ByJack Giroux, writer at
Jack Giroux

Cloudy With A Chance Of Meatballs 2 is a strange movie. The first Cloudy had an offbeat sense of humor, but the sequel takes that oddball sensibility to a whole new level. When you get right down to it, this is a movie about Flint () coping with his creations. Basically, he is God. It's never spoken of, but it's there.

That touch, along with some bizarro turns and jokes, makes this sequel stand apart from its predecessor as its own thing while also keeping in touch with what worked about the first movie. That's a tough balance, but the directors of the sequel, Cody Cameron and Kris Pearn, struck it commendably.

Here's what the two had to say about the film:

The animation on the first film had this great handmade quality. Was it always the plan to stick to that aesthetic?

Kris: No. we always wanted to kind of keep that muppet-y world, especially through how our characters move. We updated it, like when we added [the villain] Chester V as a character. He has a more fluid and more presentational language. And we gave him bigger silhouettes where you kind of move around, but much like how Earl moves different than Flint. It fits into the world of Cloudy and that each character has their own signature.

Cody: Justin, our production designer, basically has a style where there are no direct parallel lines. Everything is skewed slightly. So even going into Chester’s more perfect world, we still adhere to that where we have hexagons but they are slightly skewed.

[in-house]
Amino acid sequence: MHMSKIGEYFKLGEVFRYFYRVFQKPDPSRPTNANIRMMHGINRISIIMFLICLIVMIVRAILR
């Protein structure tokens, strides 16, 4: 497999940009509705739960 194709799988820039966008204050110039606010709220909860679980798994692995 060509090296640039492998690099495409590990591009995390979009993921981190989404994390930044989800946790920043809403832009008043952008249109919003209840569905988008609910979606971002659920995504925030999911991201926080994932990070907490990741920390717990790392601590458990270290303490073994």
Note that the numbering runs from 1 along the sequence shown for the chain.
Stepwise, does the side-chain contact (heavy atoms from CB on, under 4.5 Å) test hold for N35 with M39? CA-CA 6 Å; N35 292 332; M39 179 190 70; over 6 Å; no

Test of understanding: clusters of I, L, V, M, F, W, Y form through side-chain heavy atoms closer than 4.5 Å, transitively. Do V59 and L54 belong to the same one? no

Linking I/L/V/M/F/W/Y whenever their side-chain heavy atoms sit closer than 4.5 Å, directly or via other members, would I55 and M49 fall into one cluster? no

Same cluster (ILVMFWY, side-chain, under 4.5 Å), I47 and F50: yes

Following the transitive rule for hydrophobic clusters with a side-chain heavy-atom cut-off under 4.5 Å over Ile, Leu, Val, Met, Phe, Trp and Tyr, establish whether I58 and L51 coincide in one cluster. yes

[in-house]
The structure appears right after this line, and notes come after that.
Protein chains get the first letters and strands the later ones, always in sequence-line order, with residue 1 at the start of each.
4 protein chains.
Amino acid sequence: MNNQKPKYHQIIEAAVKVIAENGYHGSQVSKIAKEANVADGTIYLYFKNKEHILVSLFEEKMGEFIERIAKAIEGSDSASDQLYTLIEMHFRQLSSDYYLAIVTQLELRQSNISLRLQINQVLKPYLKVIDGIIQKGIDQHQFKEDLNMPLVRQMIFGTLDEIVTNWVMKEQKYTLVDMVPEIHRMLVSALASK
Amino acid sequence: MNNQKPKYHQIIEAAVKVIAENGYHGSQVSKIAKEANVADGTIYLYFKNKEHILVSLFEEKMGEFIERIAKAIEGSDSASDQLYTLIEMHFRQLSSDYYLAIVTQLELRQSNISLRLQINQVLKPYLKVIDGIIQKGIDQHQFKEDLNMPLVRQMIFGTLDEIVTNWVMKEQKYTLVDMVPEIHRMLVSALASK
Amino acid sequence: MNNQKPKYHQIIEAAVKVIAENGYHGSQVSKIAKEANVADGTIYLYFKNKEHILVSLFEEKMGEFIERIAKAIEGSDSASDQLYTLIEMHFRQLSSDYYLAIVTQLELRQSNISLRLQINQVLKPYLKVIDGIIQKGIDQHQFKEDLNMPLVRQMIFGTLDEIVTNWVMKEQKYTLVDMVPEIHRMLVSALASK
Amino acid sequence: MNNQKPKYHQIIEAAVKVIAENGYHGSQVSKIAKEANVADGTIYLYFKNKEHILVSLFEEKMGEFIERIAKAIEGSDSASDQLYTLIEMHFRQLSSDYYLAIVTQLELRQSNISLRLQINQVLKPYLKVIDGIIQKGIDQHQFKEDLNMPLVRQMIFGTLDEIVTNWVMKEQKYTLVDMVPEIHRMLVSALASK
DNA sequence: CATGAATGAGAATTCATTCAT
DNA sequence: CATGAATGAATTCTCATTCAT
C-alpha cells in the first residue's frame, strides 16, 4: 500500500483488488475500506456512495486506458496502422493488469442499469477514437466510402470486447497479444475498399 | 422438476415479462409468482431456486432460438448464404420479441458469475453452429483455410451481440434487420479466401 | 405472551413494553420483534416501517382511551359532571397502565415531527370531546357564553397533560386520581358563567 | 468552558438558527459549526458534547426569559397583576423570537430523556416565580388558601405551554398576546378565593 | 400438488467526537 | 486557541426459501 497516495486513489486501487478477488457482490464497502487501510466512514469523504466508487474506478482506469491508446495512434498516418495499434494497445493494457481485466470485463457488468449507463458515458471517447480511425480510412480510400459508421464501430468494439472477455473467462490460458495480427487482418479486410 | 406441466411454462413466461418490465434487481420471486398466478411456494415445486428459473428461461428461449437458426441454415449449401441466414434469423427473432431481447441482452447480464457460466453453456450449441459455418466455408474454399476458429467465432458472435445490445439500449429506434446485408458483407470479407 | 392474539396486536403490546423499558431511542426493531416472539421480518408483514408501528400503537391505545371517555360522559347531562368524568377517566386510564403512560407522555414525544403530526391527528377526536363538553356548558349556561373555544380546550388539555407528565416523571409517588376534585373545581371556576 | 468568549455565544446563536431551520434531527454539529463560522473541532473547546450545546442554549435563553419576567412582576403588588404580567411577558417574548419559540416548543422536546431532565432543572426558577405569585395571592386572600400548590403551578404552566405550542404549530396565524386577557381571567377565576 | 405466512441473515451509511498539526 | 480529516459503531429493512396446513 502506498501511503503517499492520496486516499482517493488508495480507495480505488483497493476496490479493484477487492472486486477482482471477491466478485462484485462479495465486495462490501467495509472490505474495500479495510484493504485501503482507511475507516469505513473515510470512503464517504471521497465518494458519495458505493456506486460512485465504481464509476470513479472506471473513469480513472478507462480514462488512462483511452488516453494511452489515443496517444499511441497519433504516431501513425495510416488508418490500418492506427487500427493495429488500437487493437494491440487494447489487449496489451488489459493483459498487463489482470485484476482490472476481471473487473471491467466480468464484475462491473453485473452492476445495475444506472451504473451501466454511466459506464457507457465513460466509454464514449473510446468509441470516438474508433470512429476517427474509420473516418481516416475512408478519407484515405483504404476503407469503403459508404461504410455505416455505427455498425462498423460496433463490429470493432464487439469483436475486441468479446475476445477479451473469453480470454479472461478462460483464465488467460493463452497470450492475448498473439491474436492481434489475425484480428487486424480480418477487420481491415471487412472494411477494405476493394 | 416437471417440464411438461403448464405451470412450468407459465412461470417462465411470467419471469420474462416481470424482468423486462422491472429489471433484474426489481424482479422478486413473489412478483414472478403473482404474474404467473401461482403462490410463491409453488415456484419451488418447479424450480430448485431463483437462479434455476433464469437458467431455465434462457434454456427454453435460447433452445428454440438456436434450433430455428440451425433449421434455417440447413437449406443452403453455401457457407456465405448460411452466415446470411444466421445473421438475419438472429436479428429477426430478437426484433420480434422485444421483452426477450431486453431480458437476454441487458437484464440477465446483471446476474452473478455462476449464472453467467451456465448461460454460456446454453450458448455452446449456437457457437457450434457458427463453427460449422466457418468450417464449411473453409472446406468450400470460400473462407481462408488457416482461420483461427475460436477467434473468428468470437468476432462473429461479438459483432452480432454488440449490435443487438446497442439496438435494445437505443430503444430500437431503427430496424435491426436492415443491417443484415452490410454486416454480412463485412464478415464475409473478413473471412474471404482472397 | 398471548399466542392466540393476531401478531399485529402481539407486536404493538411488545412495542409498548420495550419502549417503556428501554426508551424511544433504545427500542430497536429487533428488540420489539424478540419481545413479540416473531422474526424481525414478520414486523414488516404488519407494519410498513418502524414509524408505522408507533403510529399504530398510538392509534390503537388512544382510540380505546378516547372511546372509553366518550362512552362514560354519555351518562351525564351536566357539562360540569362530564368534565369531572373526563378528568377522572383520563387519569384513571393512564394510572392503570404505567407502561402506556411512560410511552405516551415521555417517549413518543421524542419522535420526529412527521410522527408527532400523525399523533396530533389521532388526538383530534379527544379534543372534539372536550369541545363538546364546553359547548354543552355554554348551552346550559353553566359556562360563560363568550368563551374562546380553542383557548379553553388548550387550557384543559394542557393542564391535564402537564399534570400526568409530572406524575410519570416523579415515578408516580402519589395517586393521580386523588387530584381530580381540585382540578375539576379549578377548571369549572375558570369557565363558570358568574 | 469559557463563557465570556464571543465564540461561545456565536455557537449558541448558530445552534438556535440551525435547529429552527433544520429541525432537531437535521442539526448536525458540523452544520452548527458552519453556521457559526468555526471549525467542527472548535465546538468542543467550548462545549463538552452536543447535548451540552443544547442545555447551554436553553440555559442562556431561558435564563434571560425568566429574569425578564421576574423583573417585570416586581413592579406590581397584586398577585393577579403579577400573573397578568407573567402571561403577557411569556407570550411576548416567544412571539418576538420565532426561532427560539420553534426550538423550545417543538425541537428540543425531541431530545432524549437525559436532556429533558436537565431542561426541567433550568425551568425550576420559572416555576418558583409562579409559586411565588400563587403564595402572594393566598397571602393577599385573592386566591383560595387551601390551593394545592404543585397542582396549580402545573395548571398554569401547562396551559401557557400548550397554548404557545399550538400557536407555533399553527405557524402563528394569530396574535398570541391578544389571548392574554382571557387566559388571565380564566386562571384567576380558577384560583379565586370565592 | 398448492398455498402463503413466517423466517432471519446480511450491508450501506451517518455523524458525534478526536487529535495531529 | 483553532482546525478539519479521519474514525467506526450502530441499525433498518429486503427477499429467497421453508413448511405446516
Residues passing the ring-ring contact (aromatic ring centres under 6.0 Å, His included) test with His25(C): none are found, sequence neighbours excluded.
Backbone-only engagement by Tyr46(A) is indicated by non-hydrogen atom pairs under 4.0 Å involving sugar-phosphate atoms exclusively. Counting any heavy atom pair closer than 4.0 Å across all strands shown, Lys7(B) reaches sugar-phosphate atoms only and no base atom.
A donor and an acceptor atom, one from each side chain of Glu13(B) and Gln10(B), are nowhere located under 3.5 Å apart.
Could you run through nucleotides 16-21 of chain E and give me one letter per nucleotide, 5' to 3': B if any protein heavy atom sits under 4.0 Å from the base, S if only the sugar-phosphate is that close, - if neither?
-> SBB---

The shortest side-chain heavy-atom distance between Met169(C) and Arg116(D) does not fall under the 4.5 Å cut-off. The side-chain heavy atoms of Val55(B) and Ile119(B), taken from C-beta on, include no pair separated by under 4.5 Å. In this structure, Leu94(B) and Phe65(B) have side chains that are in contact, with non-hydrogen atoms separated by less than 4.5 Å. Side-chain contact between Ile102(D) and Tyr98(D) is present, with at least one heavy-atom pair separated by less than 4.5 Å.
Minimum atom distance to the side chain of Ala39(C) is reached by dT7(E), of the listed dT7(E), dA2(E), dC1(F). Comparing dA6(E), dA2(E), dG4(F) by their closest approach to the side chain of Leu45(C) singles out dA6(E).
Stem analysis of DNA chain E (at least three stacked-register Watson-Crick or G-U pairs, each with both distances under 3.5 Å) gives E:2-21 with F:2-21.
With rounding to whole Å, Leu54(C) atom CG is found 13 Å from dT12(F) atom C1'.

How exactly did Chester come about?

Kris: We actually had a character named Vance Leflore for a while in the first film who worked at the Science League in Iceland. He represented this ideal that Flint was trying to become. If you remember, Flint had the wall of achievement in the first film with like Tesla. So if you pause and look really close, the character is actually in production in some scenes. And he was voiced by George Takei. We ended up losing that idea for the father-son story. It became too many ideas in that movie. So when we came back in this one we got an opportunity to kind of do the monster movie we didn’t get to do, and we also could grab onto this idea of Flint graduating and going to a place that was bigger than his island and sort of meeting this aspirational guy and having that mentorship journey.

And as he kind of evolved as a character, we wanted him to sort of represent a version of Flint. So imagine that Flint didn’t go through the lessons of the first film. He didn’t go through the lessons of…

Kris: …he would turn into this guy. And when Chester is saying to Flint, “You can never trust a bully,” he means it because that was his upbringing. We have a whole backstory. He grew up in a farm in North Dakota. So all of that was sort of designed to sort of feel like he's this guy who Flint might become if he makes the bad choices.

I know it’s the obvious question, but Chester V, was he based on Steve Jobs?

Kris: There is some Steve Jobs in there. I mean it’s sort of like a cross between Steve Jobs….

Kris: Richard Branson, who is like jumping of planes…

Cody: [Laughs] With strippers on his back…

Kris: And you always bring up Walt Disney because, like, as an artist he was sort of like the guy who lured you in. The goatee was a nod to Richard Attenborough from Jurassic Park.